I have gone to the grocery store and purchased a quart of milk so many times during the course of my life that it would take me quite a while to add all those times up.
When I was around eight years old, my mother would give me a quarter and I would walk down to the Capuchino Food Mart, buy some milk and then walk back home. We lived on Park Blvd in Millbrae and the Food Mart was five blocks away. And my mother would always let me use the change to buy a piece of Fleer's Double Bubble.
Nowadays I just walk across the street to the Berkeley Bowl and buy my milk there. I've lived next to the Bowl for the last 28 years. I know every aisle layout by heart. I know all the clerks. And, hopefully, I will be buying a quart of milk there once or twice a week for the NEXT 28 years.
"At the recent presidential primary debate in Cleveland between Hillary Clinton and Barak Obama, they talked about healthcare and fair campaign practices and being stalwart friends of Israel and NAFTA and the new Bush-McCain clone. But neither one of the debaters mentioned milk."
"Let's take a closer look at that quart. What does the future hold for milk?"
Cheerios and oatmeal?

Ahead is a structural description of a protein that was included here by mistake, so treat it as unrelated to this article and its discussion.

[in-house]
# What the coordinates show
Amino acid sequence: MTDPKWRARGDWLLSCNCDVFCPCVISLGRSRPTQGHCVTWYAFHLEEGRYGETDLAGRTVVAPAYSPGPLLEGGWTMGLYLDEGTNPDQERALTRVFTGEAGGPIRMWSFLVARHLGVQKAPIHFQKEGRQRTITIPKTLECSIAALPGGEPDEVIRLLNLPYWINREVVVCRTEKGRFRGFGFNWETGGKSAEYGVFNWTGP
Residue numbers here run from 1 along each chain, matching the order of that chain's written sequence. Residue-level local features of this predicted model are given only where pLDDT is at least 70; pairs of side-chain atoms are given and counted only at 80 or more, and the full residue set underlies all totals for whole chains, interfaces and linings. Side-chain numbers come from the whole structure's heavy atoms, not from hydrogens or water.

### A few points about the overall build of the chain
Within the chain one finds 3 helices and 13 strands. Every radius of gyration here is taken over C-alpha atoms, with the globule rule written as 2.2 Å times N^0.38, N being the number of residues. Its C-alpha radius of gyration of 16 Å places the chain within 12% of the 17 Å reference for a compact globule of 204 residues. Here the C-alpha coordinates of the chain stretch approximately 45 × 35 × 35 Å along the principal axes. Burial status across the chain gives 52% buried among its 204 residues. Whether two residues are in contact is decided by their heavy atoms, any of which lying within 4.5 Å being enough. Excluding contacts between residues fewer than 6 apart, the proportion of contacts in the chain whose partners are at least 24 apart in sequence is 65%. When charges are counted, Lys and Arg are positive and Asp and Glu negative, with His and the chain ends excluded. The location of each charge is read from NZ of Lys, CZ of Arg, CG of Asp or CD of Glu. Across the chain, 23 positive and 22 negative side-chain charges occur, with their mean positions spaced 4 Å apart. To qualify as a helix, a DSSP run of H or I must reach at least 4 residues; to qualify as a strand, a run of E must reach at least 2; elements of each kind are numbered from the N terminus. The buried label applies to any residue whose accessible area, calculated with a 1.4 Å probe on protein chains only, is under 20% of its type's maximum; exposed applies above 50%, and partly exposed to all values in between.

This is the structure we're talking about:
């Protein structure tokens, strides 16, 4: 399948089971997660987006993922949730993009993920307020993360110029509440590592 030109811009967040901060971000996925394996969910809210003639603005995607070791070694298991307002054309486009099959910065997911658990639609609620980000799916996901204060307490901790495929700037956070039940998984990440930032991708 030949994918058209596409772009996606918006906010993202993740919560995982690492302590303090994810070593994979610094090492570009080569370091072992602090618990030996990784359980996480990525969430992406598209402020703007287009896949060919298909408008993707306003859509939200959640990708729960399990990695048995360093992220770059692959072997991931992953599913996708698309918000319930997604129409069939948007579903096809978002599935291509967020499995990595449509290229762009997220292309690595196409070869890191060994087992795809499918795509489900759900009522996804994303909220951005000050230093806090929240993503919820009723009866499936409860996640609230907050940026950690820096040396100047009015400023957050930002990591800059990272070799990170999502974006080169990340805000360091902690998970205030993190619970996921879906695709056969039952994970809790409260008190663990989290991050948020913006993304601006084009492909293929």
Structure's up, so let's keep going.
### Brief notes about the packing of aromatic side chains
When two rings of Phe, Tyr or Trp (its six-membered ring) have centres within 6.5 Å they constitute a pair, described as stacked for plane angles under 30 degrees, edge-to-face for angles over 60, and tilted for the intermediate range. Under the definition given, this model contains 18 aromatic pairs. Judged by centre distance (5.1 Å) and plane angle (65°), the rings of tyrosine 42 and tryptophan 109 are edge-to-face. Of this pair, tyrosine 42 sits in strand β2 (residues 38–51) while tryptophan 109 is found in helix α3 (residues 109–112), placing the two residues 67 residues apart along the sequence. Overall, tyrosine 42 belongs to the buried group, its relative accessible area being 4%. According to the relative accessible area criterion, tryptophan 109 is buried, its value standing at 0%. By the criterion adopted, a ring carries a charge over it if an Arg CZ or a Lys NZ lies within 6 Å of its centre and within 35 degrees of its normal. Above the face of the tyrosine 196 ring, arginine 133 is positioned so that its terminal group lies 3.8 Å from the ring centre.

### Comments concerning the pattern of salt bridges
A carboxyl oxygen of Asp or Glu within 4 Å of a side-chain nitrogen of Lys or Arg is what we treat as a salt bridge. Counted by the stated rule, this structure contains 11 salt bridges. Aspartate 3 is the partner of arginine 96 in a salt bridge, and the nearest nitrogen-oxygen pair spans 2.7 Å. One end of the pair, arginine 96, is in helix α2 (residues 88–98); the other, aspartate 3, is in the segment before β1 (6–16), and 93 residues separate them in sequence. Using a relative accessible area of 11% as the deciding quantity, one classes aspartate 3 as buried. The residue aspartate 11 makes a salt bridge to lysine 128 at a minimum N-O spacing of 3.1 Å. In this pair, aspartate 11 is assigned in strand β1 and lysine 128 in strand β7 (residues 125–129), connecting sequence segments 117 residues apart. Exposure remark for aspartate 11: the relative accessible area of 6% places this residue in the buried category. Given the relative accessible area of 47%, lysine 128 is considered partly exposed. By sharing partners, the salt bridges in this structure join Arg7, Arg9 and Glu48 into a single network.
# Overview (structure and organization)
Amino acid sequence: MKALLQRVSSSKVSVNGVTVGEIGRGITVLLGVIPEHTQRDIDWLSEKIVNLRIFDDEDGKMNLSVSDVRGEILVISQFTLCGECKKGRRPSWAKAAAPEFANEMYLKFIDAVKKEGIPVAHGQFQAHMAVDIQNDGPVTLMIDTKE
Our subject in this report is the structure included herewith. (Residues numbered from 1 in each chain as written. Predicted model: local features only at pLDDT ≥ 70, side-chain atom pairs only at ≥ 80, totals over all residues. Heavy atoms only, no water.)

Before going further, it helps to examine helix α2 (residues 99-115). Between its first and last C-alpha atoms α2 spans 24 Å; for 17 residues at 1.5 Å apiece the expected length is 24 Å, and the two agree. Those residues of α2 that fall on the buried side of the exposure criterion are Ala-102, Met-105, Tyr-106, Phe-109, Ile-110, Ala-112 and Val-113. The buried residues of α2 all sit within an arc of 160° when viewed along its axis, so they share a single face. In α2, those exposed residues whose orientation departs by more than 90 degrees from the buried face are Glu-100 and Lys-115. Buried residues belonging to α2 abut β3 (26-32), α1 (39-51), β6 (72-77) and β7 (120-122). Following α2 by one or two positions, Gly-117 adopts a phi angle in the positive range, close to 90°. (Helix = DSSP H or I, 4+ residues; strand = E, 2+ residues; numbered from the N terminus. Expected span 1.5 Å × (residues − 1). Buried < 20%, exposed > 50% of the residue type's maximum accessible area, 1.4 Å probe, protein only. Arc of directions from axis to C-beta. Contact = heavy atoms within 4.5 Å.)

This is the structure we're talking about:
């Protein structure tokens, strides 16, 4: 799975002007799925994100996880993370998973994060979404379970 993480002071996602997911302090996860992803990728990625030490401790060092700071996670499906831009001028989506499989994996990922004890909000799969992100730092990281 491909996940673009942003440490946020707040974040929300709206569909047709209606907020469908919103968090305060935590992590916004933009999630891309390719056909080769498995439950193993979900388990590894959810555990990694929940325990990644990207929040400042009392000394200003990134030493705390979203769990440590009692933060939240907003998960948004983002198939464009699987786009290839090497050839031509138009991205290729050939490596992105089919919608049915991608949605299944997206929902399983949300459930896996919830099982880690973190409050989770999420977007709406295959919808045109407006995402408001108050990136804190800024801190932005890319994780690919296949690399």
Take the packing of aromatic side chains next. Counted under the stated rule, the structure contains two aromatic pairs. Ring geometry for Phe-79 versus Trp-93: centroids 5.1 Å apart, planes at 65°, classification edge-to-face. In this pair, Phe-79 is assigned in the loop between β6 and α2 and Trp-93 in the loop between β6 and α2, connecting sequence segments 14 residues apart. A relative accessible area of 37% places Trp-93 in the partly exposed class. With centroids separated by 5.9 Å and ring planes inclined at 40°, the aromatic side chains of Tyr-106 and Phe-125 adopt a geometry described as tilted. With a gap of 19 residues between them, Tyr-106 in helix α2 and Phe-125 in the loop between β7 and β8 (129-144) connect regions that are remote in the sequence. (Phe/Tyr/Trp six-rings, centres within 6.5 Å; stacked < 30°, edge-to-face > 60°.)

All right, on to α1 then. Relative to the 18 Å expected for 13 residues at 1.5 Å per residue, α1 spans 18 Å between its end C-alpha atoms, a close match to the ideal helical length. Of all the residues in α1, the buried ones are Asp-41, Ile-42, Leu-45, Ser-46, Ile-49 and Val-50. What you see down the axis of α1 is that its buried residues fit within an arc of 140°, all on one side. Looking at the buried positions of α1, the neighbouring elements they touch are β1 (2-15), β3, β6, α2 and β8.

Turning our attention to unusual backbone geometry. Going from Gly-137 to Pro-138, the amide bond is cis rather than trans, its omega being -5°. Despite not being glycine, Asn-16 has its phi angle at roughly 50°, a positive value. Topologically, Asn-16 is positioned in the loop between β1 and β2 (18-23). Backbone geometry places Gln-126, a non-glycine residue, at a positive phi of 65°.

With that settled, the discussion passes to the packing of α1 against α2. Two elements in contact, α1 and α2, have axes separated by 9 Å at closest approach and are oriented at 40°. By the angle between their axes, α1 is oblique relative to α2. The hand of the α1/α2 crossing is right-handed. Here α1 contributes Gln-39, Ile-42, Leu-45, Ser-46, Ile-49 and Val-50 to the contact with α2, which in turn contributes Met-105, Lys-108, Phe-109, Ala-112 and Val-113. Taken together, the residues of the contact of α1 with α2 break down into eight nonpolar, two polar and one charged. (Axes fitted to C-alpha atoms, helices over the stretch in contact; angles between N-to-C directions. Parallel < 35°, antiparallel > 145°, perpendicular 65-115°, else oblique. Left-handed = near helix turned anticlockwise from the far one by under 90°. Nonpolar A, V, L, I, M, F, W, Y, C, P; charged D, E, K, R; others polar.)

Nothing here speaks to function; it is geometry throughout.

"First of all, what about the grass that cows eat? Does it need to be pollinated in order to re-seed? And if so, will it need to be pollinated by bees? Bees are in big trouble right now because of insecticides and paracites and all the bees in North America may be dead in a few years. That means that we will no longer be able to buy any fruits or vegetables that are bee-pollinated."
But grass is wind-pollinated. I think.
"Now let's talk about the weather changes coming up. Can you walk to the store to buy that quart of milk when there is five feet of snow on the ground? Or will your store still get supplied with milk during a tornado? Or can they get cows to produce milk in 145-degree heat?"
So you put the cows in a barn with air-conditioning and central heating.
"And where is the gas and electricity going to come from to run the A/C?"
The Middle East?